Our forebears were much more practical than we are. Since nobody wrote music that required those notes, why go to the expense of putting them in? And what composer would bother to write them if few keyboard instruments had them?
A transitional stage toward the final adoption of chromatic keyboards was seen in certain English virginals of the later 17th century. On these the lowest key could pluck two different strings, depending on the slot in which its jack was placed. One of these strings was tuned to low G (the normal pitch of this key in the G/B short octave) and the other to whatever missing chromatic pitch was desired. The player could then move the jack to the slot that provided the desired note, according to the piece being played.
A variant of the short octave added more notes by using split keys: the front part and the back part of the (visible) key controlled separate levers and hence separate notes. Assume the following keys:
E F F♯ G G♯ A
with both F♯ and G♯ split front to back. Here, E played C, the front half of the F♯ key played D, and the (less accessible) rear half played F♯. The front half of the G♯ key played E, and the rear half played G♯. As with the short octave, the key labeled E played the lowest note C. Thus, playing the nominal sequence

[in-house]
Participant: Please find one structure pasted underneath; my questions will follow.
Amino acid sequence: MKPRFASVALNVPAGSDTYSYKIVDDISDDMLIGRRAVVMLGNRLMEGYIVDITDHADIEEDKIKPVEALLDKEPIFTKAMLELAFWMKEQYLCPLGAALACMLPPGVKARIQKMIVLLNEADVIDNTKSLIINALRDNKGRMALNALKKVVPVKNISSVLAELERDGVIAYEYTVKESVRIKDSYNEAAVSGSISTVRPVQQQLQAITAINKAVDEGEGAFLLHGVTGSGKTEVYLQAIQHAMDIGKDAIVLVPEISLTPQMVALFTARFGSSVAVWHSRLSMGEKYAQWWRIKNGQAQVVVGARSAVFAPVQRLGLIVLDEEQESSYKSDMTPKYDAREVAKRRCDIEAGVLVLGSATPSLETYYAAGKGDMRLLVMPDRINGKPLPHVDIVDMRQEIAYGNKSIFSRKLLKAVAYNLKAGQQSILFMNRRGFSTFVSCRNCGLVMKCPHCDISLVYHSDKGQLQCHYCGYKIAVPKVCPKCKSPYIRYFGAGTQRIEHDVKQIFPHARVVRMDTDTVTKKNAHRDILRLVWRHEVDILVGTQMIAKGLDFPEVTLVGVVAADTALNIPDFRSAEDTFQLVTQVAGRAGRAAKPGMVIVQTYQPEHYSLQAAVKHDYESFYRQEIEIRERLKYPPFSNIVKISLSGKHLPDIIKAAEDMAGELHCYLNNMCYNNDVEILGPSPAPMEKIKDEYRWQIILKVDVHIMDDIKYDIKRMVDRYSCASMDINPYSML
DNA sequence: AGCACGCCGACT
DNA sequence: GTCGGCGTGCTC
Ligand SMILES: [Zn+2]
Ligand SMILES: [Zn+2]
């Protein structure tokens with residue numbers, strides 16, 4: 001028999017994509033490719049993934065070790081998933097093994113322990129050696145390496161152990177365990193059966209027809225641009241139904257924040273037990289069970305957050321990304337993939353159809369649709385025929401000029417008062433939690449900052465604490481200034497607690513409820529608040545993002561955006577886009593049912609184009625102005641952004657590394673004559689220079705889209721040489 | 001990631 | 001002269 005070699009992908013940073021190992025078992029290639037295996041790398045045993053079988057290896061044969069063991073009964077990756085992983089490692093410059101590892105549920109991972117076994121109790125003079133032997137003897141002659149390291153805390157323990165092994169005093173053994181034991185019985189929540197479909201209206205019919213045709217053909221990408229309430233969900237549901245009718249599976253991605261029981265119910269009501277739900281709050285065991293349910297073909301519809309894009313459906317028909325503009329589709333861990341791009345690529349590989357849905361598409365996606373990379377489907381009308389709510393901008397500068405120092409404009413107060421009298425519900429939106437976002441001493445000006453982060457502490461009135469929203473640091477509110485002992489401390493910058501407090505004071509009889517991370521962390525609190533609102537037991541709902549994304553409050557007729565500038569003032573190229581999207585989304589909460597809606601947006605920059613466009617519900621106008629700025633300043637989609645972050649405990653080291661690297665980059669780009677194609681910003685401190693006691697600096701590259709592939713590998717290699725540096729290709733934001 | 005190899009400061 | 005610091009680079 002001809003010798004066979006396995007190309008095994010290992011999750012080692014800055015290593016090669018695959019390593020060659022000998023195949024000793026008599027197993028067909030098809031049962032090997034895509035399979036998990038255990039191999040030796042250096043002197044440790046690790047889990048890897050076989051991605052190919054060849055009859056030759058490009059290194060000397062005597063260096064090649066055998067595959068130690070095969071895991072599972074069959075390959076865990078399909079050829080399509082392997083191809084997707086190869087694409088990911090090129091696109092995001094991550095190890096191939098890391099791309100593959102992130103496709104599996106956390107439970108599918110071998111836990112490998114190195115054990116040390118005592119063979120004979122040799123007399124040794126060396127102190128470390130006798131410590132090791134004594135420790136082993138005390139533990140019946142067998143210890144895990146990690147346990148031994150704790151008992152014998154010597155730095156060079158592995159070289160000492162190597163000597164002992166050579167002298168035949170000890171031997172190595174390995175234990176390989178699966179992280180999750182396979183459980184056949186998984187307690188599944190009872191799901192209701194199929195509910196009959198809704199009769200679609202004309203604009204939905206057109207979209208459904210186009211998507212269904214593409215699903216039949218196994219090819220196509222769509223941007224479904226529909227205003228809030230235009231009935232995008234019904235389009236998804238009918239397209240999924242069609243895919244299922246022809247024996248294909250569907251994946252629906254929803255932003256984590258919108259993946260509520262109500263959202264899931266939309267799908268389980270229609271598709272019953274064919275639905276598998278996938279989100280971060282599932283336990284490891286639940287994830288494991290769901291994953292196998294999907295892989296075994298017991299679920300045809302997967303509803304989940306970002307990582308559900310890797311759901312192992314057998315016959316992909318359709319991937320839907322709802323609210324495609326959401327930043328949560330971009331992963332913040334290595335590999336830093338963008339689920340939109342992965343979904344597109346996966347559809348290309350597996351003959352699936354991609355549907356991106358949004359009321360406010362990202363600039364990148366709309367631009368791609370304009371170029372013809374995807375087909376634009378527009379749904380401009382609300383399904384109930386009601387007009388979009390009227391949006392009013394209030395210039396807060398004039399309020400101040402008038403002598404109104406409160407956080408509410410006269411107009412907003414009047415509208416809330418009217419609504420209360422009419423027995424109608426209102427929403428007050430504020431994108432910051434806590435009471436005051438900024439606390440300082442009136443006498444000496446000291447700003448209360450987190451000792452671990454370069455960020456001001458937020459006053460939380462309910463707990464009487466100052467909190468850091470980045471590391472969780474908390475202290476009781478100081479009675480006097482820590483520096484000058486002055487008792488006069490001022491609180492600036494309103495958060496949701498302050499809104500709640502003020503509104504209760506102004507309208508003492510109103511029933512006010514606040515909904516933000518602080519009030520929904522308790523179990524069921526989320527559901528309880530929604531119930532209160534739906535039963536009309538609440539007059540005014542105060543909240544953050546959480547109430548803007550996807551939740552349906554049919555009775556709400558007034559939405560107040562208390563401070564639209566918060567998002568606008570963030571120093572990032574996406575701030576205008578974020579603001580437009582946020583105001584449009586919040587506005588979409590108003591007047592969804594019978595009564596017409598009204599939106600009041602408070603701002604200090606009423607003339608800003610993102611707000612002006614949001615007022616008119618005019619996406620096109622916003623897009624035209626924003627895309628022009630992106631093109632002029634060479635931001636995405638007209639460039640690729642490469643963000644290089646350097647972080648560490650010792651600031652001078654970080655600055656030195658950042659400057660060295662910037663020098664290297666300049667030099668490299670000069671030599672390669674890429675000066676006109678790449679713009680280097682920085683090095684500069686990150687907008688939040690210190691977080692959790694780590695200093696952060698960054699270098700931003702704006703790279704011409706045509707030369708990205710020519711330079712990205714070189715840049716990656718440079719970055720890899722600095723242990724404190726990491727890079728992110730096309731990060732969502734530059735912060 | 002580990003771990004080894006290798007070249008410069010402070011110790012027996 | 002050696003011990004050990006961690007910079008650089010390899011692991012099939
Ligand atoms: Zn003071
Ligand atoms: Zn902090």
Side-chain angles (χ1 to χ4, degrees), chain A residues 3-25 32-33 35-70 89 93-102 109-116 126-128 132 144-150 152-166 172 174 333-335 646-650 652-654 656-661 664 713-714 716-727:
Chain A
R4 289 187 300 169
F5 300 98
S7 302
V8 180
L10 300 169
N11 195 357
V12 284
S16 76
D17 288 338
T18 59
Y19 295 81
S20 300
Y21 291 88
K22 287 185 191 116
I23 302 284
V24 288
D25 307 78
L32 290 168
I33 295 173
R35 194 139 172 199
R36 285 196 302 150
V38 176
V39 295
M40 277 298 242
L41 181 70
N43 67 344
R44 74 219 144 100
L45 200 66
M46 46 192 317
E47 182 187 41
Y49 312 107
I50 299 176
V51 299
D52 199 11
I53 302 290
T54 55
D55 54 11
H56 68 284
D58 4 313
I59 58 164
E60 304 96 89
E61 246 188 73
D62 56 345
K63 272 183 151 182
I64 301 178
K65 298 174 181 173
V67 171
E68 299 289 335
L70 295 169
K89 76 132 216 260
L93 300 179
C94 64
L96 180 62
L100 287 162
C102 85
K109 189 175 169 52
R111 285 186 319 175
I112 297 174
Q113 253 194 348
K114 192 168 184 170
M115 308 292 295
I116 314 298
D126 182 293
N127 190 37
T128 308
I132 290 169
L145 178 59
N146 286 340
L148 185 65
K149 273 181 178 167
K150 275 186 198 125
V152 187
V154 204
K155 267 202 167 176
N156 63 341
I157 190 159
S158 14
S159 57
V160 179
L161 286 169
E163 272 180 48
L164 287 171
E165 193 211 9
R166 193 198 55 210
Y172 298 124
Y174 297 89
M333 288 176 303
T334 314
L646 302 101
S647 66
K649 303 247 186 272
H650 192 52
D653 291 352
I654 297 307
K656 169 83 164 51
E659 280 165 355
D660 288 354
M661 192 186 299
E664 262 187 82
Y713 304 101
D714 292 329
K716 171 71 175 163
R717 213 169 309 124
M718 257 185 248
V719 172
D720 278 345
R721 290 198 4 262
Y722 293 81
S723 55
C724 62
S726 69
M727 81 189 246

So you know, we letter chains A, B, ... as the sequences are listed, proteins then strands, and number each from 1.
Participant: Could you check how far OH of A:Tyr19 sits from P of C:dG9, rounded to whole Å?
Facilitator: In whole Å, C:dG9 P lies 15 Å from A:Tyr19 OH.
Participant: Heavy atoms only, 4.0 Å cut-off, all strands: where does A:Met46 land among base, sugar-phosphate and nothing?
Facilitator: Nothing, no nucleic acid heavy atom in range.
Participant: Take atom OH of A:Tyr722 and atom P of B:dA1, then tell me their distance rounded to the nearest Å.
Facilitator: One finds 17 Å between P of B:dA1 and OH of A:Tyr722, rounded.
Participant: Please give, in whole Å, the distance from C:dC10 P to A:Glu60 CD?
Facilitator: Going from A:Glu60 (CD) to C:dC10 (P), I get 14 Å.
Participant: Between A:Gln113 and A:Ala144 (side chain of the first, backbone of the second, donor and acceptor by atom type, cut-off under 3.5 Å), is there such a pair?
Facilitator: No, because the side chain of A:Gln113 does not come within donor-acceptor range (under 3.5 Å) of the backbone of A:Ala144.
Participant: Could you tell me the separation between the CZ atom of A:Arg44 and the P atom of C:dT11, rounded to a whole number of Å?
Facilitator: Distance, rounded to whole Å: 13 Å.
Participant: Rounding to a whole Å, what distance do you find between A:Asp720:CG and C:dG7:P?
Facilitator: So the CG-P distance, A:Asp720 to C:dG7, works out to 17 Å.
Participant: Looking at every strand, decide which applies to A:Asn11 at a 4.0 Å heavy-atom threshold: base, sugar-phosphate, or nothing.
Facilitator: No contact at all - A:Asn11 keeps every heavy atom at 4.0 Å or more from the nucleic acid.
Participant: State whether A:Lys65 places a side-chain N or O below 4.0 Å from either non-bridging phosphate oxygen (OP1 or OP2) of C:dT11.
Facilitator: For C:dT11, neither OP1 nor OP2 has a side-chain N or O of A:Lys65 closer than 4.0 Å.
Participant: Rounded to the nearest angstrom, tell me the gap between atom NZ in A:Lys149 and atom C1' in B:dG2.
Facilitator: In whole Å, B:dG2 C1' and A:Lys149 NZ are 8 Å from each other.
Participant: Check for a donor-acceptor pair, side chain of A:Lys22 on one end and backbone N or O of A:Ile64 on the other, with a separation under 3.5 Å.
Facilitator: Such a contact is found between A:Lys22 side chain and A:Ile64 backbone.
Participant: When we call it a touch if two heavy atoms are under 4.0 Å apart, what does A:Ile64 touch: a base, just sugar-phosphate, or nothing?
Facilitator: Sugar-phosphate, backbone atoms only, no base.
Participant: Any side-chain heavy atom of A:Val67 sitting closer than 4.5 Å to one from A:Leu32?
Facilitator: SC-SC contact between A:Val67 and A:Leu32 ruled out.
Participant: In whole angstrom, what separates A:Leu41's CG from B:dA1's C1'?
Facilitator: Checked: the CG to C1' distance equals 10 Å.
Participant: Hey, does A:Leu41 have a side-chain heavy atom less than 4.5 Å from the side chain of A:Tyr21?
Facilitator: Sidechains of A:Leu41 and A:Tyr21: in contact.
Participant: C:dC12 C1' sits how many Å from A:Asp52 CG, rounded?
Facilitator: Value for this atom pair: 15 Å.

E F♯ (front) G♯ (front) F F♯ (back) G G♯ (back) A
the player would hear:
C D E F F♯ G G♯ A
The actual note assignments can be seen in the following diagram:
It can be seen that only two notes of the chromatic scale, C♯ and E♭, are missing. An analogous arrangement existed for keyboards with G instead of C at the bottom.
According to Trevor Pinnock, the short octave is characteristic of instruments of the 16th century. He adds, "in the second half of the 17th century, when more accidentals were required in the bass, 'broken octave' was often used."
Viennese bass octave
The short/broken octave principle not only survived, but was even developed further in one particular location, namely Vienna. The "Viennese bass octave" (German: "Wiener Bass-oktave") lasted well into the second half of the 18th century. Gerlach (2007) describes this keyboard arrangement as follows:
The notes leading down to F1 were accommodated on the keys of a "short-scaled octave" from c to C (only F♯1 and G♯1, as well as C♯ and E♭ continued to be omitted.
The assignment of notes to keys, which strikingly included a triple-split key, was as shown in the following diagram, adapted from Maunder (1998):
Maunder (who uses the term "multiple-broken short octave") observes that the Viennese bass octave, like its predecessors, imposed distortions on the string scaling of the harpsichord: it "leads to extreme foreshortening of the scale in the bass." Hence, it required unusually thick strings for the bottom notes, on the order of 0.6 to 0.7 mm.
The Viennese bass octave gradually went out of style. However, Maunder notes instruments with Viennese bass octave built even in 1795, and observe that advertisements for such instruments appear even up to the end of the century.
Music written specifically for short-octave instruments